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Tahrir carnival returns amid calls for national unity

Declarations for national unity following Saturday's violence against Copts and solidarity with Palestinians ahead of Nakba Day paint Tahrir and draw in a diverse crowd

Salma El-Wardani , Friday 13 May 2011
People hold up Syrian and Palestinian national flags during a demonstration at Tahrir Square in Cair
People hold up Syrian and Palestinian national flags during a demonstration at Tahrir Square in Cairo May 13, 2011. REUTERS/Mohamed Abd El-Ghany
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As the day dies, tens of thousands still throng Tahrir Square chanting for “Solidarity with the Palestinian Intifada” and “National Unity.” 

Huge banners throughout the square proclaim that “The People want the Rafah Crossing opened”, “Palestine is an Arab state”, “Muslims and Christians are one hand” while one asks pointedly: “Why burn the churches again? Is Habib El-Adly back?”

Egyptians revived their heavy presence in the iconic square on Friday to denounce recent sectarian clashes and attacks on churches. Unity between Christians and Muslims was expressed to counter attempts to incite communal divisions. Banners bearing the emblem of the crescent embracing the cross emphasised such sentiments of national unity.

But for many, the day is a chance to commemorate the 15 May Nakba Day, the day after the state of Israel was created. For Palestinians, it marks their forcible expulsion from their homes during the 1948 Arab War.

Egyptian and Palestinian flags were waved in a show of solidarity.

In the midst of calls for unity and solemnity, there was the same carnival atmosphere that has marked Tahrir Fridays since the ouster of former president Hosni Mubarak. Vendors selling striped headbands and headgear in the colours of the Egyptian flag, roasted corn, popcorn and flags were also out in force.

Today, though, saw for the first time street vendors offering green headbands bearing the words: "The army of Mohammed."

At the entrance to the iconic square were two bearded street vendors, selling Islamic posters and charts that advocate the Palestinian cause.

“Every Friday, since the start of the revolution, I have come to Tahrir Square, but this time it’s different,” says Ihab Shenouda as his voice is drowned out by the rising sound of prayer. “Though the media dubbed it as ‘Friday of national unity’, I can see a large Islamic presence in everything; slogans, charts, even protestors.”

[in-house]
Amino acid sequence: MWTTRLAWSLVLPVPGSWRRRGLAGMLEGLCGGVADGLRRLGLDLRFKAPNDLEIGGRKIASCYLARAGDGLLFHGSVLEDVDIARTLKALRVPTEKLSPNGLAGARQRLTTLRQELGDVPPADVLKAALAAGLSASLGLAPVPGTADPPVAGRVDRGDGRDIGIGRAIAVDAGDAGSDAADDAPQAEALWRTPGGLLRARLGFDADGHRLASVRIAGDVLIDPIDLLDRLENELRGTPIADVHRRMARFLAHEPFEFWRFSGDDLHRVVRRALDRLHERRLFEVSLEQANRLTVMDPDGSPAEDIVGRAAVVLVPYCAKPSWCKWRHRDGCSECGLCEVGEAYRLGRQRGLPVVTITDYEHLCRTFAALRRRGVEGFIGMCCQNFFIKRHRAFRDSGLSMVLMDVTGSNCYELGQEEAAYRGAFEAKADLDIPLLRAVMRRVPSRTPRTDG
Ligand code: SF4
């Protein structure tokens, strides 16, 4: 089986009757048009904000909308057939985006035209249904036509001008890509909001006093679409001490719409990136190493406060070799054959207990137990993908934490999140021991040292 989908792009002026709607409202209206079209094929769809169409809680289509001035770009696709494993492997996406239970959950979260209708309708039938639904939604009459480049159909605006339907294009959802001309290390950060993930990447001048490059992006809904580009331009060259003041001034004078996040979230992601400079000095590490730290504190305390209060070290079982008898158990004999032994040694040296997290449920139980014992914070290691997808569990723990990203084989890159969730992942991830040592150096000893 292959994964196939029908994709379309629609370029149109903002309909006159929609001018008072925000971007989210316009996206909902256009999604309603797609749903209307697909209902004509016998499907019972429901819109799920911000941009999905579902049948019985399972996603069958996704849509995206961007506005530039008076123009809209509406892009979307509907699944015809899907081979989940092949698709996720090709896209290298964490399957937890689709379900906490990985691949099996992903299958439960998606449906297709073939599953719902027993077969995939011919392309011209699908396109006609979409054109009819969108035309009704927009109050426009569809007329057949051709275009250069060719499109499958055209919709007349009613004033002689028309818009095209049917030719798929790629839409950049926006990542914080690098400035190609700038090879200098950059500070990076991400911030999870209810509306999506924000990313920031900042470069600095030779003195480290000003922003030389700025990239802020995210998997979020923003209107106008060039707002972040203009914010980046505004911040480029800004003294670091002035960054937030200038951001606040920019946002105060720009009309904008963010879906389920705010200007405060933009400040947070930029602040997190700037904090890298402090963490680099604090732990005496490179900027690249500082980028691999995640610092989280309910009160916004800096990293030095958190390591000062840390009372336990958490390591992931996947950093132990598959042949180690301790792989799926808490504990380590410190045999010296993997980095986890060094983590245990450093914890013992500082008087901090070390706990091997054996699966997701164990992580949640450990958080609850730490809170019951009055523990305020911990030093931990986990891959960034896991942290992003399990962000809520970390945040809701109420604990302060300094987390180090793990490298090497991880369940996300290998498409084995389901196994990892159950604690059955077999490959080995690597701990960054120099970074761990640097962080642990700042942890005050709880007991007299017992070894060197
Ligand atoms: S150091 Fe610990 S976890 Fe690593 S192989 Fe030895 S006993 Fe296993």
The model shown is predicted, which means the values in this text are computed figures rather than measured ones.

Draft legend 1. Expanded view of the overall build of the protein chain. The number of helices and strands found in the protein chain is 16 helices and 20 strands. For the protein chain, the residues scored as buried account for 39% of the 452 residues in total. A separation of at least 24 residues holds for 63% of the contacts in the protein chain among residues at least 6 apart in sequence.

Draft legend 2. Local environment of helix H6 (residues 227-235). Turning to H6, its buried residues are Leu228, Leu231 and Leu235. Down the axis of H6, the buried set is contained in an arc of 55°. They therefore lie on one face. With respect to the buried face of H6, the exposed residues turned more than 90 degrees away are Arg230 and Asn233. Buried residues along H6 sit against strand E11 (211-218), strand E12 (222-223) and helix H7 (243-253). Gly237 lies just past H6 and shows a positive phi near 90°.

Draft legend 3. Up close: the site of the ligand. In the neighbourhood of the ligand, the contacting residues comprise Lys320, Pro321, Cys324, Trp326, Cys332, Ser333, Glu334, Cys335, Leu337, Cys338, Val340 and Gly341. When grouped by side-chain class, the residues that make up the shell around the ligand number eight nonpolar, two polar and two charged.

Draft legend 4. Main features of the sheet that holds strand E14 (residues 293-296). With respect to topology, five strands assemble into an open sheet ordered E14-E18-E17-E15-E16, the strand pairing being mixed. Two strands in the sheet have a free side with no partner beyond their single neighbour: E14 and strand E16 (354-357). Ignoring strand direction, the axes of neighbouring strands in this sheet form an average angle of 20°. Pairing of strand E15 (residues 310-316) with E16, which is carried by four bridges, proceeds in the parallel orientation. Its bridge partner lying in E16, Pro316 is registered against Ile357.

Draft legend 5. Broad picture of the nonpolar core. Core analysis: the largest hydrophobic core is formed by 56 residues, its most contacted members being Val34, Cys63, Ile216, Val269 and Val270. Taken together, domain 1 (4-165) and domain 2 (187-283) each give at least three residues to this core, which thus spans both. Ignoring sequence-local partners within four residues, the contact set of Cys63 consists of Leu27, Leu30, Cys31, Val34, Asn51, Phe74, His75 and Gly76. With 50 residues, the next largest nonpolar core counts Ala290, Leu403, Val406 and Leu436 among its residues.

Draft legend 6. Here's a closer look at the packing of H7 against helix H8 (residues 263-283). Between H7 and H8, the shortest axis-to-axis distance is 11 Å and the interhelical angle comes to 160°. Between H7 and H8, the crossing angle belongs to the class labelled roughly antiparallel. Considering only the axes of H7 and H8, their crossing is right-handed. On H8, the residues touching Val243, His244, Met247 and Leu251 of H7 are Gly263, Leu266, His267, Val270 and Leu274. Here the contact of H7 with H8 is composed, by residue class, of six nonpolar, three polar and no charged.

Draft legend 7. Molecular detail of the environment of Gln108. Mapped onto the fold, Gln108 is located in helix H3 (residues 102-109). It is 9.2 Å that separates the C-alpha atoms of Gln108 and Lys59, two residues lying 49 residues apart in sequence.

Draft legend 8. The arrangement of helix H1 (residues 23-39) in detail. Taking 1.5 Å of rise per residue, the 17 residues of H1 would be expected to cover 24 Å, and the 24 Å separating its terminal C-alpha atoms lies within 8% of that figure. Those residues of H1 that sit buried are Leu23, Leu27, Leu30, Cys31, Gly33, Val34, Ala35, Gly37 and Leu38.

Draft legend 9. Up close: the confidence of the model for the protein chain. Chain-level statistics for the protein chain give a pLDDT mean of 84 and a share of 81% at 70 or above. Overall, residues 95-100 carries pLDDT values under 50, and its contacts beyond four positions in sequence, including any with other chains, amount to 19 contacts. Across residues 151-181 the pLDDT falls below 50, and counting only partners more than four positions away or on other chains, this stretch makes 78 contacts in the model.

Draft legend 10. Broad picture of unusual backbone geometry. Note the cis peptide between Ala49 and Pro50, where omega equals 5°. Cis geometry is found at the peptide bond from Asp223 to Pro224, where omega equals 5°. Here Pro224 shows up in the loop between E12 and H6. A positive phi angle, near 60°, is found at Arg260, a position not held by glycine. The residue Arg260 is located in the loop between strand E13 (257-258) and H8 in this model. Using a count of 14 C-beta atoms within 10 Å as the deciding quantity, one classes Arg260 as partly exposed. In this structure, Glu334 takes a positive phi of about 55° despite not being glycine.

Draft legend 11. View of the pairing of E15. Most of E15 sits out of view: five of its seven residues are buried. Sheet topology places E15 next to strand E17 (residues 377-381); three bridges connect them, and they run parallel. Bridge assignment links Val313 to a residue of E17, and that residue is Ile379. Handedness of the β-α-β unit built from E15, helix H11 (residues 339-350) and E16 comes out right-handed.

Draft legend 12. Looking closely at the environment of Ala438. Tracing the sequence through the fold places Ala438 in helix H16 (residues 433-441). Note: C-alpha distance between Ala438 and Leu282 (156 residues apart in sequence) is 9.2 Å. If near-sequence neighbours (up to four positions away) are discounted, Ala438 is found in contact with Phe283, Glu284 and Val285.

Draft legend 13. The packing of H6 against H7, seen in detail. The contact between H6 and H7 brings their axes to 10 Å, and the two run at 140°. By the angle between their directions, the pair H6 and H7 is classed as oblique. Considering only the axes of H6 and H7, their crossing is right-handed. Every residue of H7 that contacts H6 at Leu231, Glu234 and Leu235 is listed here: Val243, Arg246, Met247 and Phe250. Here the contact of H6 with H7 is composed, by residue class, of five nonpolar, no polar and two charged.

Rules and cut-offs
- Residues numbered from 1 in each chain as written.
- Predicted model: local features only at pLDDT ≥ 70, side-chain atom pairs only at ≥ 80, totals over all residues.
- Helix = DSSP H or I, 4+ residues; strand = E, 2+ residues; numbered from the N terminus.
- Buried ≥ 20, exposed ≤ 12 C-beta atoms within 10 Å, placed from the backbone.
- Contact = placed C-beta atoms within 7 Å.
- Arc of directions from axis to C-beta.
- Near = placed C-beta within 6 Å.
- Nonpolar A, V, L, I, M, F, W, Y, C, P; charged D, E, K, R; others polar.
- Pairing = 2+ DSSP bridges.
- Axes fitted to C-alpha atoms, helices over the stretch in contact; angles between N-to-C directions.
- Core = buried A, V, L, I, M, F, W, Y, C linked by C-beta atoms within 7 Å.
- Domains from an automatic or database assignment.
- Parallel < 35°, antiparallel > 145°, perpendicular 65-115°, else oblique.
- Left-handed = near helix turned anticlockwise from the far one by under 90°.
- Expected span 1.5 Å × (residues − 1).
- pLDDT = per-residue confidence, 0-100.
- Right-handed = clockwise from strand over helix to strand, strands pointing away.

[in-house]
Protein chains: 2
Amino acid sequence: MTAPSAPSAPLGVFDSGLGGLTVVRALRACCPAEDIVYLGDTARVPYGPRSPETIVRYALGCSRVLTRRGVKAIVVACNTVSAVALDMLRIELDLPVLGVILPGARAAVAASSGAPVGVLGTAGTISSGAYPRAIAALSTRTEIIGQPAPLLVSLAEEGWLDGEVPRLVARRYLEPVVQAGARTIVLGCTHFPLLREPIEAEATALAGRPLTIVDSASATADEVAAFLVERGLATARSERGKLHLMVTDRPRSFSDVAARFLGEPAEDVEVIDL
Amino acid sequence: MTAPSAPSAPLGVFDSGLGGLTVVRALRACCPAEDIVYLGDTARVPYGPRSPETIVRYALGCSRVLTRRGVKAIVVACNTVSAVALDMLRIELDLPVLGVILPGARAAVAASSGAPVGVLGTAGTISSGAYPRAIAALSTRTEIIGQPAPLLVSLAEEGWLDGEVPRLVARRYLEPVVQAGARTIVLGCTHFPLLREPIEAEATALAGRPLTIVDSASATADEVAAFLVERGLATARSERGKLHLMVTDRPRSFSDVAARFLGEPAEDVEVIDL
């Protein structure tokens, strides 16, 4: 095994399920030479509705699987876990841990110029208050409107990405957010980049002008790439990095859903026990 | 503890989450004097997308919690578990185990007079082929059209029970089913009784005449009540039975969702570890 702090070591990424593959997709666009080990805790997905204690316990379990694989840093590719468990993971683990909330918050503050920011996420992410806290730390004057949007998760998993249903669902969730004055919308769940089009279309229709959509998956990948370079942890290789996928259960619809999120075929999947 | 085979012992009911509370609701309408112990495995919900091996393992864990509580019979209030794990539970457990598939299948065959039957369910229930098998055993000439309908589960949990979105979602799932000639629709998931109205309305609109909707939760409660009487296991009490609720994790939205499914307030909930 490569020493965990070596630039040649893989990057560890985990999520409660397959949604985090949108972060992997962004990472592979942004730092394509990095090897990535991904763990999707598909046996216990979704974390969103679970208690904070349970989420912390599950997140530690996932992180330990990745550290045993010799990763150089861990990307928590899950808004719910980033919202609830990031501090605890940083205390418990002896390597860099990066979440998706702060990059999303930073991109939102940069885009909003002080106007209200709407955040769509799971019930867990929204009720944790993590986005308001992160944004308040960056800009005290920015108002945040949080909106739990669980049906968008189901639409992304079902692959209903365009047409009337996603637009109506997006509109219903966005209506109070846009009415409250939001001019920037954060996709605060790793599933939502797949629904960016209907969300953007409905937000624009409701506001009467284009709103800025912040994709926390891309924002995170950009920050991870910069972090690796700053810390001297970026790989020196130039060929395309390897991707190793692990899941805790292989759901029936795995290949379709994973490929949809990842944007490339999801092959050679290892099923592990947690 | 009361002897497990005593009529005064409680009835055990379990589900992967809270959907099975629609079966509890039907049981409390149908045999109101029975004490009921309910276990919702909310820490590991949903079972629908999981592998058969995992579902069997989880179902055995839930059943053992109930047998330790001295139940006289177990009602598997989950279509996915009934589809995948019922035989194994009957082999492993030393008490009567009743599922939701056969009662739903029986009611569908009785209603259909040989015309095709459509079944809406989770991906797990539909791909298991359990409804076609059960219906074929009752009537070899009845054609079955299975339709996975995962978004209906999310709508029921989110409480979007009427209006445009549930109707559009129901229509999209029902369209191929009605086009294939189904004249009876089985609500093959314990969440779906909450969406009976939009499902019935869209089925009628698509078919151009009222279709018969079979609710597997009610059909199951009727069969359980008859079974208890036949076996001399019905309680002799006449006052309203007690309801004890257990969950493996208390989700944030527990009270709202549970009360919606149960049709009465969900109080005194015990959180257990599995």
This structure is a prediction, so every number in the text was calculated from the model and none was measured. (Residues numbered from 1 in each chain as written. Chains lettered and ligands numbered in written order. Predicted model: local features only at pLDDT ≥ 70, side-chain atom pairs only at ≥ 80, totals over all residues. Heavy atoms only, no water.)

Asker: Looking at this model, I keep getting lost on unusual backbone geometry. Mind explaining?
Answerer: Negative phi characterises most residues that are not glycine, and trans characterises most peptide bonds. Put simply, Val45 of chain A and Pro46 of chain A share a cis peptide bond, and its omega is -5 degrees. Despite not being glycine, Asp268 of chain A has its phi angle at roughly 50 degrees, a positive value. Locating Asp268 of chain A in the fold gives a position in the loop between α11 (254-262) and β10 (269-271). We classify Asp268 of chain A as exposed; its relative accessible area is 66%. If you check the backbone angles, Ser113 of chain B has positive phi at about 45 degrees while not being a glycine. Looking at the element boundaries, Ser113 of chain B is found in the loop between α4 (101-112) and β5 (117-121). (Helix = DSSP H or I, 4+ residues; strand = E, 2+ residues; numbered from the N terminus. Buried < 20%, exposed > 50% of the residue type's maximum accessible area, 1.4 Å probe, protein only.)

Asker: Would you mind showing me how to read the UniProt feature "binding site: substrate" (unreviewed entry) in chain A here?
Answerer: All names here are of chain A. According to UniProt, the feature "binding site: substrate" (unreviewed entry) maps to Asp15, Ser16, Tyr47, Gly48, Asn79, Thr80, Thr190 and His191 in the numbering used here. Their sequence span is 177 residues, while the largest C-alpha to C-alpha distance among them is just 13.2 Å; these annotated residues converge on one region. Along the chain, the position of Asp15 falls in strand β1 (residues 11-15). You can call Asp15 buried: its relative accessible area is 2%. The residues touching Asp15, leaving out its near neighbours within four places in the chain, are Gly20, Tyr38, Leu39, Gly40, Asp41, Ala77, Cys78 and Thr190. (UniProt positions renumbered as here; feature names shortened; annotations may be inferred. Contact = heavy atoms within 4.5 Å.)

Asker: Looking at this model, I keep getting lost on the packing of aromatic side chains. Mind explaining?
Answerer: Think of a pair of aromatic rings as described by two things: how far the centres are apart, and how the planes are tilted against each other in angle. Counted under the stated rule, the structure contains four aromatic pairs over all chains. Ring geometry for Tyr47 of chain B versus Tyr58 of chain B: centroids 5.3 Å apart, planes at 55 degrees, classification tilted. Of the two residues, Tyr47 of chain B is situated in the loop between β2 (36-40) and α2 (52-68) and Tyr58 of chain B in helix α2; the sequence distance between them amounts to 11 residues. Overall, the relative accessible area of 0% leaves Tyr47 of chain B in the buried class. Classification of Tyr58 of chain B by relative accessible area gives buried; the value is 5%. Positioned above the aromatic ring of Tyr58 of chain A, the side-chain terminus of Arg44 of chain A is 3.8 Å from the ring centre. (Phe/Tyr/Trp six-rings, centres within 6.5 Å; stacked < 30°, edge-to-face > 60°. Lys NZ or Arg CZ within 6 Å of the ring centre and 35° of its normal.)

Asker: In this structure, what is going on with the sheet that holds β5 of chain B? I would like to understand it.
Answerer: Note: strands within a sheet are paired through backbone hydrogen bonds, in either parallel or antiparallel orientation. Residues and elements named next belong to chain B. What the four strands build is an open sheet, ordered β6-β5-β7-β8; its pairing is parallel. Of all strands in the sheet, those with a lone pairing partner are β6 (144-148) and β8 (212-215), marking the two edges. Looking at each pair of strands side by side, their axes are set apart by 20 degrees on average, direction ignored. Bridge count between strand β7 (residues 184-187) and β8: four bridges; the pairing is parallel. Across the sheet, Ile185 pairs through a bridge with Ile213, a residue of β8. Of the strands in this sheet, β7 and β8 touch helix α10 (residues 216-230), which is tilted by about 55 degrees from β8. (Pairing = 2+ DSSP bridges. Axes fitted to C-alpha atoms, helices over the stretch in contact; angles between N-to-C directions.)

The presence of Egypt’s new and old parties can also be felt in the square. Large banners calling for national unity carry the signature of the Al-Wafd party alongside one that reads: “No to Sectarianism – yes to civil state” undersigned by the nascent Socialist Parties Front.

“We’re here to show our refusal to all kinds of sectarianism and raise our demands including an immediate and fair civil trial for those accused in the Imbaba events and the urgent passing of a common worship law,” says Ramy Sabri, a member of the Socialist Popular Alliance party.

Once Sheikh Mohamed Gebril finished leading the Friday prayers, Sheikh Safwat Hegazy took to the main stage and addressed the huge crowd.

“Essam Sharaf: this is not your government, this is the revolution’s government, you should kick out the six former NDP ministers from the cabinet,” Hegazy told the crowd. “We won’t accept Yehia El-Gamal who’s part of the former regime as your deputy.”

“Down, down Yehia El-Gamal” The crowds chanted.

“Sharaf’s government is taking the same path as the former government,” says Mohammad, waving a Palestinian flag. “They have the very same double standards, secrecy and authoritarian policy-making, in internal as well as external affairs.”

“Two days ago they suddenly appeared in the media saying ‘people, we’ve arrested those responsible for the Imbaba church attacks,’ but did they tell us how this happened? Who are these people? What are the causes? Isn’t it the same old policy?” Muhammad asks plainly.

At the entrance of the square from Bab El-Louq Street stood a group of women, one in a niqab and rest veiled, enthusiastically chanting national unity slogans.

“We came all the way from Port Said to Cairo to voice our anger with sectarianism because we’re aware it’s part of the counter revolution,” said Intisar, a member of the Muslim Brotherhood. “We’re here also to prove that Muslim Brotherhood members are not fanatics as the old regime always tried to portray us [in order] to scare people from us.”

A man who overheard the conversation approaches carrying a banner that reads: “I’m a Salafist, I’m against sectarianism.”

“State propaganda always portray Salafists as bearded fanatical terrorists, but this is untrue,” explains Safwat Hegazi. “Salafists are simply all Muslims who follow Prophet Muhammad and has nothing to do with sectarianism, and anyone who attacks Christian cannot be a true Egyptian.”

Naeem Shehab, a 62 year-old Coptic protester, seems unconvinced with Hegazi’s argument.

“You cannot raise an extreme brand of Sunni Islam slogan and then try to tell people that this doesn’t contradict with freedom of religion,” says Shehab. “No, there’s a contradiction here, because hard-line Islamists believe we Copts are infidels and our blood is ‘halal.’”

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